It has to be acknowledged that some of these seeds have been there a while and may not be viable any more. However, being someone who likes a challenge and gets a perverse thrill out of making something work that isn’t meant to I found myself really taken with the idea. So much so that I set to there and then and sowed 5 packets of seeds which needed cold to help them germinate – hopefully the freezing temperatures we have had the last few days will do the trick. It may even be that by sowing this eclectic mix of seeds I achieve the real cottage garden feel that I am looking for.
I’m struggling a little with life at the moment and to top everything else off my car has died on me so I have the irritation of having the phone the garage tomorrow and no doubt part with large sums of money at some point this week. The only time this past week when I have felt calm and at peace as been in the garden. Even though I am not conscious of worrying about things in particular I think when you are ‘working’ in the garden your mind focussing on what you are doing, the plants, what you could plant in a space and the other things which might only be bothering your sub-conscious leave. Interestingly I started off today deciding not to do anything but I twitched around so much that I decided to potter for an hour in the garden.
The theme of removing sycamore seedlings continued and today’s focus was the hardy exotic slope and the back border. I wrote about tackling the back border about a month ago and I am quite pleased so far with how it is going. I am trying for a leafy texture of plants ideally with some all year round interest. I think planting up the area behind the shed has also helped and it feels more gardened now rather than part of the garden which challenges me. I added a half hardy salvia amongst the bamboos – its a bit of a beast so should fill the space here and the pink flowers will work well with the geranium palmatums which can be a little garish on their own. I have also added some impatiens qingchanganica bought from Growild Nursery, a wonderful new online retailer of plants and seeds. Also added was an Athyrium otophorum ‘Okanum’ bought from Sally Gregson when she gave my local horticultural club a talk on epimediums last week.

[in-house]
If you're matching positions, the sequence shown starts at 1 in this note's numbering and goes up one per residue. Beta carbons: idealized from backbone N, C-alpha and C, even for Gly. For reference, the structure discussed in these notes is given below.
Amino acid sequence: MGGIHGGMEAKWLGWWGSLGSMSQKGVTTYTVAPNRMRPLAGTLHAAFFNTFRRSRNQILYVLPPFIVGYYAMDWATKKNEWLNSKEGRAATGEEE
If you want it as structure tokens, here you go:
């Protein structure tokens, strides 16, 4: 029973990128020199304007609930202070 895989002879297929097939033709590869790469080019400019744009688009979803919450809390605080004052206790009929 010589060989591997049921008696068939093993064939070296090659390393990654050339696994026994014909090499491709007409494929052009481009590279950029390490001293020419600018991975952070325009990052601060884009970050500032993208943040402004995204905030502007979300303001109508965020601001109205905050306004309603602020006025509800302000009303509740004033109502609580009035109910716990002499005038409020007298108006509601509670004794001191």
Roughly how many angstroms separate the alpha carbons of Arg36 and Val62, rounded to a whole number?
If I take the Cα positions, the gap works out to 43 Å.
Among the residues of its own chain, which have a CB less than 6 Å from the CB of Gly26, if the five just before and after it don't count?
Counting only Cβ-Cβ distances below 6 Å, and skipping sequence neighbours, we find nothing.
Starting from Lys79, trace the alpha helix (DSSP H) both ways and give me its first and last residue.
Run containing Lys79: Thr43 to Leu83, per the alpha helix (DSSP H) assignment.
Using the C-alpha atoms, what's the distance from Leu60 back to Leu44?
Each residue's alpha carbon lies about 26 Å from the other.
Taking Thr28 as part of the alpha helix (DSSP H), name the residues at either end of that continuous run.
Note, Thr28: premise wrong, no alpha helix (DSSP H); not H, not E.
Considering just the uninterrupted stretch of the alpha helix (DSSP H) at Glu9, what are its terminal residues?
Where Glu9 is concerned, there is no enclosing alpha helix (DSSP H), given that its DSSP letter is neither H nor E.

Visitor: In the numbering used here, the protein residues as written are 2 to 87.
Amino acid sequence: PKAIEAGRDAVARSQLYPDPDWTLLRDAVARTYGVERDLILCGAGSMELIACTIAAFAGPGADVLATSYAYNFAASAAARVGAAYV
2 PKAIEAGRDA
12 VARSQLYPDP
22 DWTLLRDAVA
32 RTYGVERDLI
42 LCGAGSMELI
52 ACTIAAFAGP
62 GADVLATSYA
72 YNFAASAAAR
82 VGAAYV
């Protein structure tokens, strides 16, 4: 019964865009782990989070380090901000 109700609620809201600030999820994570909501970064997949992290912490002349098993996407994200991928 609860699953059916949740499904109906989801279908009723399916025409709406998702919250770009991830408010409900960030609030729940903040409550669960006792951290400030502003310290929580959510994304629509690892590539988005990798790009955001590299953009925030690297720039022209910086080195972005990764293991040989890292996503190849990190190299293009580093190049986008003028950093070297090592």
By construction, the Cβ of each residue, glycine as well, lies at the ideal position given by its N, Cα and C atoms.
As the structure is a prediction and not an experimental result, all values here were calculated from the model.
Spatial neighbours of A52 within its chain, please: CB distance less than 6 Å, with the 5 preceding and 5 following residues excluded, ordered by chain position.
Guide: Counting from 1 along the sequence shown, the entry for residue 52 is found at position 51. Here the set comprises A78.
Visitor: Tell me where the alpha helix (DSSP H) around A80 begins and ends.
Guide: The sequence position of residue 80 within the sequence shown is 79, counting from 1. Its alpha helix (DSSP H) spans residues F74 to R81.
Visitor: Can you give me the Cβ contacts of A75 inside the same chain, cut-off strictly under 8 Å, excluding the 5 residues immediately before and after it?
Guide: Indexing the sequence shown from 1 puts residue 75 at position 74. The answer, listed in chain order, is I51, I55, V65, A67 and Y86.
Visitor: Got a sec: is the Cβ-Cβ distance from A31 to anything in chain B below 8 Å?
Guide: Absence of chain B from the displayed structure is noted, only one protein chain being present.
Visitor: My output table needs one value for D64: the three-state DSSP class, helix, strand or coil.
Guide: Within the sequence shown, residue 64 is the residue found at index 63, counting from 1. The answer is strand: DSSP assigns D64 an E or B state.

The hardy exotic slope is coming together and this year I need to add to the shorter perennials to cover the ground and reduce the bare soil on show. You can see there are some daffodils in the border which are OK and interesting but you can’t see them from the bottom of the slope as they disappear behind the bench. I think I might forget about spring bulbs here and concentrate them elsewhere as to me you need to be able to see spring flowers from the house so they cheer you on a cold or rainy day. I am pleased to say that the ridiculous collection of plants waiting on the patio waiting to be planted out is diminishing, its generally one year old perennial seedlings or bulbs now. The downside of this is that the pile of empty terracotta pots is ridiculous and shows just how much effort and funds I invested in growing alpines and bulbs over the last couple of years but I feel a lot happier with the plants in the ground and concentrating on growing perennials from seed.
I am really pleased with how most of the garden is filling out now and the view from the living room (top photo) makes me smile which is very important. I can see great combinations from the sofa; such as the way the blue rosemary flowers pick up on the camassias and then the honesty at the back of the garden. It wasn’t planned at all but seeing it work makes me understand a little how to bring the garden together and make it more cohesive instead of seeming piecemeal; Mother Nature is obviously showing me how things should be!